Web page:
230 aircraft - 121 Lancasters, 98 Halifaxes, 11 Mosquitos - of Nos 6 and 8 Groups to Zweibrücken. No aircraft lost. This attack was directed on to the town area to block the passage through it of German troops and stores to the nearby front line, The raid took place in good visibility and was very effective. The local report shows that every public building and inn and 80 per cent of the houses in the town were destroyed or damaged. Most of the civilian population had been evacuated; those remaining took shelter in 2 large caves in the north and south of the town or in the normal basement shelters of their houses.
161 aircraft - 127 Halifaxes, 23 Lancasters, 11 Mosquitos - of 4 and 8 Groups on the same task as the Zweibrücken raid proceeded to Homburg. No local report is available but it is believed that this attack was equally successful. 2 Halifaxes lost.
75 Mosquitos to Berlin and 6 each to Bremen and Brunswick, 52 RCM sorties, 27 Mosquito patrols. No 100 Group lost 2 Mosquitos and 1 Fortress.
The last Stirling operation of Bomber Command was flown on this night when Stirling LJ516, from No 199 Squadron at North Creake, flew a Mandrel screen operation; Squadron Leader JJM Button, the Australian pilot, and his crew landed safely.
Total effort for the night: 812 sorties, 23 aircraft (2.8 per cent) lost.
15 March 1945
188 aircraft - 150 Halifaxes, 24 Mosquitos, 14 Lancasters - of Nos 4, 6 and 8 Groups attacked oil plants at Bottrop and Castrop-Rauxel. Both raids were believed to have been successful. 1 Halifax of No 4 Group lost from the Bottrop raid.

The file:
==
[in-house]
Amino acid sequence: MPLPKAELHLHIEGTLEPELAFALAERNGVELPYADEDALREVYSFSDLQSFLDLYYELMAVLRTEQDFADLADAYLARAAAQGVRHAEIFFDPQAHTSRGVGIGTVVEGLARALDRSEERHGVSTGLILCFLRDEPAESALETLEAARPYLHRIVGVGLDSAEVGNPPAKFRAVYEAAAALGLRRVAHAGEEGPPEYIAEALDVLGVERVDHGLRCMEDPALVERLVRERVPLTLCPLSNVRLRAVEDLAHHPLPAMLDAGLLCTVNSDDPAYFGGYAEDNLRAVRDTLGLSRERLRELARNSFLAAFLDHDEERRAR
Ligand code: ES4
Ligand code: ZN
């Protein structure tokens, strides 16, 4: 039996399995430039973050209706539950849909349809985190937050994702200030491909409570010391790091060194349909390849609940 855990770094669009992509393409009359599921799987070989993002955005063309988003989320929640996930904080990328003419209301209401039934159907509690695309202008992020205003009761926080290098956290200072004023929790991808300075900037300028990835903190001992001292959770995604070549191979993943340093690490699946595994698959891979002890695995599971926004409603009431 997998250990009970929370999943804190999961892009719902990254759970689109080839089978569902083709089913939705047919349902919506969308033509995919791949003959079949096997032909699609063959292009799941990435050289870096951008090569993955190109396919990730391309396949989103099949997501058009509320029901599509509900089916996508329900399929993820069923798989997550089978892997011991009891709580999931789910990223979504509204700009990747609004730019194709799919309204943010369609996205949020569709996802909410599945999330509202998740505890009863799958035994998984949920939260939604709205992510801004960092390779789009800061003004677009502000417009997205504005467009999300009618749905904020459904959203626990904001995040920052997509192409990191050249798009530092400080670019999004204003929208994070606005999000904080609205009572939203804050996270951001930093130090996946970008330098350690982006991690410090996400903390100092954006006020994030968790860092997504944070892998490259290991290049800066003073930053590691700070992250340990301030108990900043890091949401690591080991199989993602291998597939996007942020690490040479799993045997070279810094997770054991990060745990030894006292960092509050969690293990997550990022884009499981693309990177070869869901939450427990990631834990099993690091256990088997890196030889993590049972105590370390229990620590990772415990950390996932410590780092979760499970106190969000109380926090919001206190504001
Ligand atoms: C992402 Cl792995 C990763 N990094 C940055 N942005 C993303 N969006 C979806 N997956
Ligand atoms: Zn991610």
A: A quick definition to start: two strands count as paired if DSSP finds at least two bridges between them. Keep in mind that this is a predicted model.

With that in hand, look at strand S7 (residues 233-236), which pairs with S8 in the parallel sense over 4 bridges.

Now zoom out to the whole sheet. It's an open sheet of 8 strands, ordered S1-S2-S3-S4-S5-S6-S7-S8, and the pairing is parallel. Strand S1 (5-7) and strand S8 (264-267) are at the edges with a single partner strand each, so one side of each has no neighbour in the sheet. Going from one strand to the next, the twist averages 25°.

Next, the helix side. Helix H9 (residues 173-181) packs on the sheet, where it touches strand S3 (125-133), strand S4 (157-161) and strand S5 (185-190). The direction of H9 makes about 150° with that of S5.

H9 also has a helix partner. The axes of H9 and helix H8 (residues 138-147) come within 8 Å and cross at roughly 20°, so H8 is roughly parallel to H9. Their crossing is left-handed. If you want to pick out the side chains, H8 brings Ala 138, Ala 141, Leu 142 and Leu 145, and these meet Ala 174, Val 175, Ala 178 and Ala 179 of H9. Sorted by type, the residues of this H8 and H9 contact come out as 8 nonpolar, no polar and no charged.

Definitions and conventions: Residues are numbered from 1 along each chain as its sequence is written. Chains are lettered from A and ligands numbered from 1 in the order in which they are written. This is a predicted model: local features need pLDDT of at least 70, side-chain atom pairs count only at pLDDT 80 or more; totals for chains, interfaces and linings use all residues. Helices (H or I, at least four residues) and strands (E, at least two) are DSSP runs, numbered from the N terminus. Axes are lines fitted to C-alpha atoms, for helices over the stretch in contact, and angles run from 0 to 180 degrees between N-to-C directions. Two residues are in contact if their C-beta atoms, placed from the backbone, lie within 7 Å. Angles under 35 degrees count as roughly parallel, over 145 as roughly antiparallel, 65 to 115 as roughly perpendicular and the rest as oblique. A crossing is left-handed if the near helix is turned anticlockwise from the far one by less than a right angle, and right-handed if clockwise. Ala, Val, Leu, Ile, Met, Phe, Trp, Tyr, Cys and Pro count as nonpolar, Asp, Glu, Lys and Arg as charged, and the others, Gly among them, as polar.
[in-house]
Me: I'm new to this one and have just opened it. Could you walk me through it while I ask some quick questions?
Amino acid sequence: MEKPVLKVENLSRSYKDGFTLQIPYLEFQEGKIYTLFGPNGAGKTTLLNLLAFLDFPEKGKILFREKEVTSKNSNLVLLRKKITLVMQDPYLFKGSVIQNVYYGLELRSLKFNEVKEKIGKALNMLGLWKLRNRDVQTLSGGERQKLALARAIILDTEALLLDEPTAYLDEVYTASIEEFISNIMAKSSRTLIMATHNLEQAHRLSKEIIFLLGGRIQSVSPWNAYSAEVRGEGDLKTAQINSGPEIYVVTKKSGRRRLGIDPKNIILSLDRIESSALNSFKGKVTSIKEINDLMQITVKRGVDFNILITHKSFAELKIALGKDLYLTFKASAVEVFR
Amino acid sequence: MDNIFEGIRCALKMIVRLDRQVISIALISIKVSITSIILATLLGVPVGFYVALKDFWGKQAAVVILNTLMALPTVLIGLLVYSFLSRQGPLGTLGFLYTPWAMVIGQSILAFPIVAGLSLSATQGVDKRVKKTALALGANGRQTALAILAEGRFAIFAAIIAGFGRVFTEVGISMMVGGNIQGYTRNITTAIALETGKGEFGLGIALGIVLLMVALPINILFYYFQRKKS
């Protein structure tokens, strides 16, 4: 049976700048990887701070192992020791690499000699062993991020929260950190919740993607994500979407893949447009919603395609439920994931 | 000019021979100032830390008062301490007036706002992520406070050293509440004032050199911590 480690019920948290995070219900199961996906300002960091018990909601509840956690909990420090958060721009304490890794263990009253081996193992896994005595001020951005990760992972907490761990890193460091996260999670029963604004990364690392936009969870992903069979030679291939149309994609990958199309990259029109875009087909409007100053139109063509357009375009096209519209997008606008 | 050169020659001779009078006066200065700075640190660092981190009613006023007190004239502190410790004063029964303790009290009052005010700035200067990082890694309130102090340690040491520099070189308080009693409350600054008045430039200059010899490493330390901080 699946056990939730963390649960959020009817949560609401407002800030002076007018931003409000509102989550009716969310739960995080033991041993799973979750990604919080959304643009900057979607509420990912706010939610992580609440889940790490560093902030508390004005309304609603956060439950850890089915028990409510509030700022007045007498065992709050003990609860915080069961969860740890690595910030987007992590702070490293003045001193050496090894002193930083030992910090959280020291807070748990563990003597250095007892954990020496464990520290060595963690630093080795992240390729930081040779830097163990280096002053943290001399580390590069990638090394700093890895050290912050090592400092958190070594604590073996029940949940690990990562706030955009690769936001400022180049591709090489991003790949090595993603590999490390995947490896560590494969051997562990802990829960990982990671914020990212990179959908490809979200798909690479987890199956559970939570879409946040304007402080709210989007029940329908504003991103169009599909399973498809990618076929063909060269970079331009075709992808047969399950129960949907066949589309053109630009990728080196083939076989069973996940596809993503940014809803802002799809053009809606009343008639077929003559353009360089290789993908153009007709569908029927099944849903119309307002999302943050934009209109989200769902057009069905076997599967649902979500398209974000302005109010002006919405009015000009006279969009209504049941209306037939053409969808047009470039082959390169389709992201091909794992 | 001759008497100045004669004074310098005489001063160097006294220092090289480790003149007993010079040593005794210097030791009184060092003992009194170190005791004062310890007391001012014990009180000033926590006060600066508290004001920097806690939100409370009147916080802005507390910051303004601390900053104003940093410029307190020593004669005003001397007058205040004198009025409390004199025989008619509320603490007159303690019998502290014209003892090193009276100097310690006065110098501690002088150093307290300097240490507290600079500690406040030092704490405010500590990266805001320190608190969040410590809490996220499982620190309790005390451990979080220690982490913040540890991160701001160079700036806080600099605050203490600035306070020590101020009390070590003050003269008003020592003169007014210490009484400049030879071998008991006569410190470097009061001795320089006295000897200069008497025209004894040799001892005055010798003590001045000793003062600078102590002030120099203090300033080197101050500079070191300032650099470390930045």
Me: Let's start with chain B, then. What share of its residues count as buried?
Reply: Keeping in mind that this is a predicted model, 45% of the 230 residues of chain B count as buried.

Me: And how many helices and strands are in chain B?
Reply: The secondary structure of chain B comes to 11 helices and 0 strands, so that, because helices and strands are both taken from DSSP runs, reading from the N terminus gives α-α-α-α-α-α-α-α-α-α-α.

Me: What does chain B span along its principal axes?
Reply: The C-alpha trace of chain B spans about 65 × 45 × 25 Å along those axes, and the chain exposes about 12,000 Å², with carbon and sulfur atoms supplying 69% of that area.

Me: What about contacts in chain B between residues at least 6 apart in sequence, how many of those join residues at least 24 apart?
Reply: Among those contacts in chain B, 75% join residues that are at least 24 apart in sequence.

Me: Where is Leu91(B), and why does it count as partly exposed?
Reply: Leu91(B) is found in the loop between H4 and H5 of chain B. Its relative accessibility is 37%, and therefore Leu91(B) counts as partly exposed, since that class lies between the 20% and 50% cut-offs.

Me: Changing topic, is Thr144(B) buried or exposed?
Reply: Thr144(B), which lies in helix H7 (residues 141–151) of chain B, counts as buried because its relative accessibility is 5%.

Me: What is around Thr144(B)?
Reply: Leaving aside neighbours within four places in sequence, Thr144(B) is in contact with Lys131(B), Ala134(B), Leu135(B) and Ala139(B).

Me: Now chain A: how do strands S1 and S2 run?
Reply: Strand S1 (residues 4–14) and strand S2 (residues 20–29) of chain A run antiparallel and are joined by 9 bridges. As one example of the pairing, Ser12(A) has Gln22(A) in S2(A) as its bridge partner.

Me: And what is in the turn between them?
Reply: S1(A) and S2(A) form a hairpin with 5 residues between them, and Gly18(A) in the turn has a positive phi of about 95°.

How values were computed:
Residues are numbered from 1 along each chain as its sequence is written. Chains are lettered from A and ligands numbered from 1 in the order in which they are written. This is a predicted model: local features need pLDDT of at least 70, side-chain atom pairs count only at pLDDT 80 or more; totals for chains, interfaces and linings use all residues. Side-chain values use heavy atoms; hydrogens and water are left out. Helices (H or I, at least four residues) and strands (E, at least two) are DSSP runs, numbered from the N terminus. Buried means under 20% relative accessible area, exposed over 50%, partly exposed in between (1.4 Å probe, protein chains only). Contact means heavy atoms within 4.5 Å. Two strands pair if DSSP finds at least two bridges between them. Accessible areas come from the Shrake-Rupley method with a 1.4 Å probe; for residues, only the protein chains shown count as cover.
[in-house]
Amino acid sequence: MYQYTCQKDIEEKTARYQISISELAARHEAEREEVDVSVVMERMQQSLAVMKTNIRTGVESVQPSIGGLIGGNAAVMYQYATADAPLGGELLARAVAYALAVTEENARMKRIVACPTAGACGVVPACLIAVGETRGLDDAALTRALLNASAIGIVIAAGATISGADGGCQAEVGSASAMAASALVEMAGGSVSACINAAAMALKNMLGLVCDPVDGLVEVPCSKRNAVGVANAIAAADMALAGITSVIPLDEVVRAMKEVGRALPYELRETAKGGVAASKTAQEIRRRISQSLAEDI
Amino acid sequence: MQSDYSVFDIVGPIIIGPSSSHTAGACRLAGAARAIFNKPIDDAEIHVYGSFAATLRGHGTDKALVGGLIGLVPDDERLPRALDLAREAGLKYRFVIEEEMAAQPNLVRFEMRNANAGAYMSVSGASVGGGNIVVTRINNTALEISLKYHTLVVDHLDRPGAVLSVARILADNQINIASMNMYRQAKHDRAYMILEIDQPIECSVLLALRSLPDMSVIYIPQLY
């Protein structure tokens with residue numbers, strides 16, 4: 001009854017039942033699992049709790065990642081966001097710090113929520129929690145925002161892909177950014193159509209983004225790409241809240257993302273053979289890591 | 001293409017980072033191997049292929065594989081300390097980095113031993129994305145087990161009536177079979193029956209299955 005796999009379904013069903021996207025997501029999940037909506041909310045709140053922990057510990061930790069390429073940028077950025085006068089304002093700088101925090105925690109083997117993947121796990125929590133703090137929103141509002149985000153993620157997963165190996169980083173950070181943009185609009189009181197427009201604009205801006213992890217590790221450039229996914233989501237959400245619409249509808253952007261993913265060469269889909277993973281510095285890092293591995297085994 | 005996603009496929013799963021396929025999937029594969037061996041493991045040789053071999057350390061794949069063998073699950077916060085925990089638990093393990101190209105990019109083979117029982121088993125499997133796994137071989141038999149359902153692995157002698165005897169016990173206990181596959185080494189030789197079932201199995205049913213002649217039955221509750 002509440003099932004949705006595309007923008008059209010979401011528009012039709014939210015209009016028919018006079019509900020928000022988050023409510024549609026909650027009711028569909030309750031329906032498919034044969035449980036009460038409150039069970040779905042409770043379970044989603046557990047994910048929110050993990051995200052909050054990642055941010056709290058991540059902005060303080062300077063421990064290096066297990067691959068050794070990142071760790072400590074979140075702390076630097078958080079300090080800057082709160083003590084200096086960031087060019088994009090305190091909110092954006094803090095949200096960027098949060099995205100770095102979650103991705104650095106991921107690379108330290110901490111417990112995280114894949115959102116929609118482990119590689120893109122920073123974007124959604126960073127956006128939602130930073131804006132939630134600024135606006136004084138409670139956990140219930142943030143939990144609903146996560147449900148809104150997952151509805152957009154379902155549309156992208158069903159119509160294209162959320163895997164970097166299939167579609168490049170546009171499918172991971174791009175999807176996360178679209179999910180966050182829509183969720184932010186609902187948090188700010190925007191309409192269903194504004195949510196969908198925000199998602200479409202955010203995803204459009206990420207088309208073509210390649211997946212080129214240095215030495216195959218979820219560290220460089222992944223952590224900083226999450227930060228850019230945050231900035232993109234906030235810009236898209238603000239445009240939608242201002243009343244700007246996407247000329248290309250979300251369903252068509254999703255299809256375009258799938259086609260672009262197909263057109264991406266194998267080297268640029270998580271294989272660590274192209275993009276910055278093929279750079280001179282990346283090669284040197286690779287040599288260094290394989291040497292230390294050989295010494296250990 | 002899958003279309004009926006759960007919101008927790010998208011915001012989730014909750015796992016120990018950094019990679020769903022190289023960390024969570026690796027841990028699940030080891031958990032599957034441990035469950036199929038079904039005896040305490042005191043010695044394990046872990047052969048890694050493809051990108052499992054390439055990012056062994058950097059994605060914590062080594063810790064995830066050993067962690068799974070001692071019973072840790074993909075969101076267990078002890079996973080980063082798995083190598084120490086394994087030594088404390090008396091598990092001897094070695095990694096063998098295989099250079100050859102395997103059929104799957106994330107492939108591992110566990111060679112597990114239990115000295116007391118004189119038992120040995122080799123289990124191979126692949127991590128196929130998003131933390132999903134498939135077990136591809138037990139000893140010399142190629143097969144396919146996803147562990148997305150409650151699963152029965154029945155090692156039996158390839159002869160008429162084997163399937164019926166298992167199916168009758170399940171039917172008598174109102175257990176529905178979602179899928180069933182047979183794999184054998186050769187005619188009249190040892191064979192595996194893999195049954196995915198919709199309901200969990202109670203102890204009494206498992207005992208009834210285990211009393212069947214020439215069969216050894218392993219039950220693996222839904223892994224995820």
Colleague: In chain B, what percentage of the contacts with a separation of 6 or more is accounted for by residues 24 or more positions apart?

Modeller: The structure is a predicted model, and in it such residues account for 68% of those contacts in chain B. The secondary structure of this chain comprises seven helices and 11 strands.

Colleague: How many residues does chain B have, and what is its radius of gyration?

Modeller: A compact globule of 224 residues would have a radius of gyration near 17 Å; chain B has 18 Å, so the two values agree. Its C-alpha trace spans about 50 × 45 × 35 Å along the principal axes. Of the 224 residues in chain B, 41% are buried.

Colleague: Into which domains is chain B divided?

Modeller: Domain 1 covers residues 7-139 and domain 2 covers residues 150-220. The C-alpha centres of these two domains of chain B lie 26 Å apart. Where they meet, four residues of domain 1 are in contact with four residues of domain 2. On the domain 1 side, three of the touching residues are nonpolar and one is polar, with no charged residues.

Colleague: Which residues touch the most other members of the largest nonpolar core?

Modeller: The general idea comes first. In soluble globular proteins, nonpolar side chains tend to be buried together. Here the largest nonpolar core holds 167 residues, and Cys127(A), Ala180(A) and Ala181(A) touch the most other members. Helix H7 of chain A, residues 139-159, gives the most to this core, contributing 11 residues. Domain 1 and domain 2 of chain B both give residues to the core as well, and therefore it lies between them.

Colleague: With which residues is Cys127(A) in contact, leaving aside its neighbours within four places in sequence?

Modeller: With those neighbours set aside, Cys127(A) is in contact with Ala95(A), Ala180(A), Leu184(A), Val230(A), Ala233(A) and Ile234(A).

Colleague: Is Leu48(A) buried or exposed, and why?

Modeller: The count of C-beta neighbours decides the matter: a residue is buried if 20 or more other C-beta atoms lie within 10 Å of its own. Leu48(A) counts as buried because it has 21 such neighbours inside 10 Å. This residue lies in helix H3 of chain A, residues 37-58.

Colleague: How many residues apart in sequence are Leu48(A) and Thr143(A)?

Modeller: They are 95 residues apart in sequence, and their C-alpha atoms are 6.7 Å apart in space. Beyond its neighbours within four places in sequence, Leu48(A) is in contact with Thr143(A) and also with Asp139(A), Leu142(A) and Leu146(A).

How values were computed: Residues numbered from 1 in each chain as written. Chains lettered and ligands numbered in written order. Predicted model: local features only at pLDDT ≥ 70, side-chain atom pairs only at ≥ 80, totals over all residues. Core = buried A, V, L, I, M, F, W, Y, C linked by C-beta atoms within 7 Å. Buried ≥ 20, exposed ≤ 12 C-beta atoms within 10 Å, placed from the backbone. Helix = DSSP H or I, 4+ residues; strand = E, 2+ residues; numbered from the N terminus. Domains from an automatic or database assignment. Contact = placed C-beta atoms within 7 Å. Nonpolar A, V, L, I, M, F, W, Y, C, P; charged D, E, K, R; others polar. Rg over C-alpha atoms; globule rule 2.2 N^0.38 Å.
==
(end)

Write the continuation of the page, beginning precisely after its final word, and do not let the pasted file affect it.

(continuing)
16 Lancasters of Nos 9 and 617 Squadrons attacked the viaduct at Arnsberg. Two aircraft of No 617 Squadron each carried a Grand Slam; the 14 aircraft of No 9 Squadron carried Tallboys. The viaduct was not cut. No aircraft lost.
15/16 March 1945
267 aircraft - 134 Lancasters, 122 Halifaxes, 11 Mosquitos - of Nos 4, 6 and 8 Groups attacked Hagen. 6 Lancasters and 4 Halifaxes lost. This area attack took place in clear visibility and caused severe damage; the local report estimated that the bomber force was 800 aircraft strong! The main attack fell in the centre and eastern districts. There were 1,439 fires, of which 124 were classified as large.
257 Lancasters and 8 Mosquitos of Nos 1 and 8 Groups attacked the Deurag refinery at Misburg, on the outskirts of Hannover. Visibility was good and some fires were started but the main weight of the raid fell south of the target. 4 Lancasters lost.
54 Mosquitos to Berlin, 27 to Erfurt, 16 to Mannheim and 5 each to Jena and Weimar, 53 RCM sorties, 37 Mosquito patrols. 1 RCM Fortress lost.
Total effort for the night: 729 sorties, 14 aircraft (1.9 per cent) lost.
With thanks to the RAF and USAAF.net!
This record can also be found on the maps of Back to Normandy with Google coordinates. You can find the maps by clicking on this link on this location.
There are several possibilities to investigate the flight records on Back to Normandy. All the flights are plotted on maps, sorted "day by day", "by squadron", "by type aircraft", "by year or month", "by location" and much more! Don't miss this!!!
If you have any information that you want to share, please add your comment at the bottom of this record. Or send your information to . This information will be added to the record.
Your photos and your information are very welcome! The young do care and with your help we keep up the good work.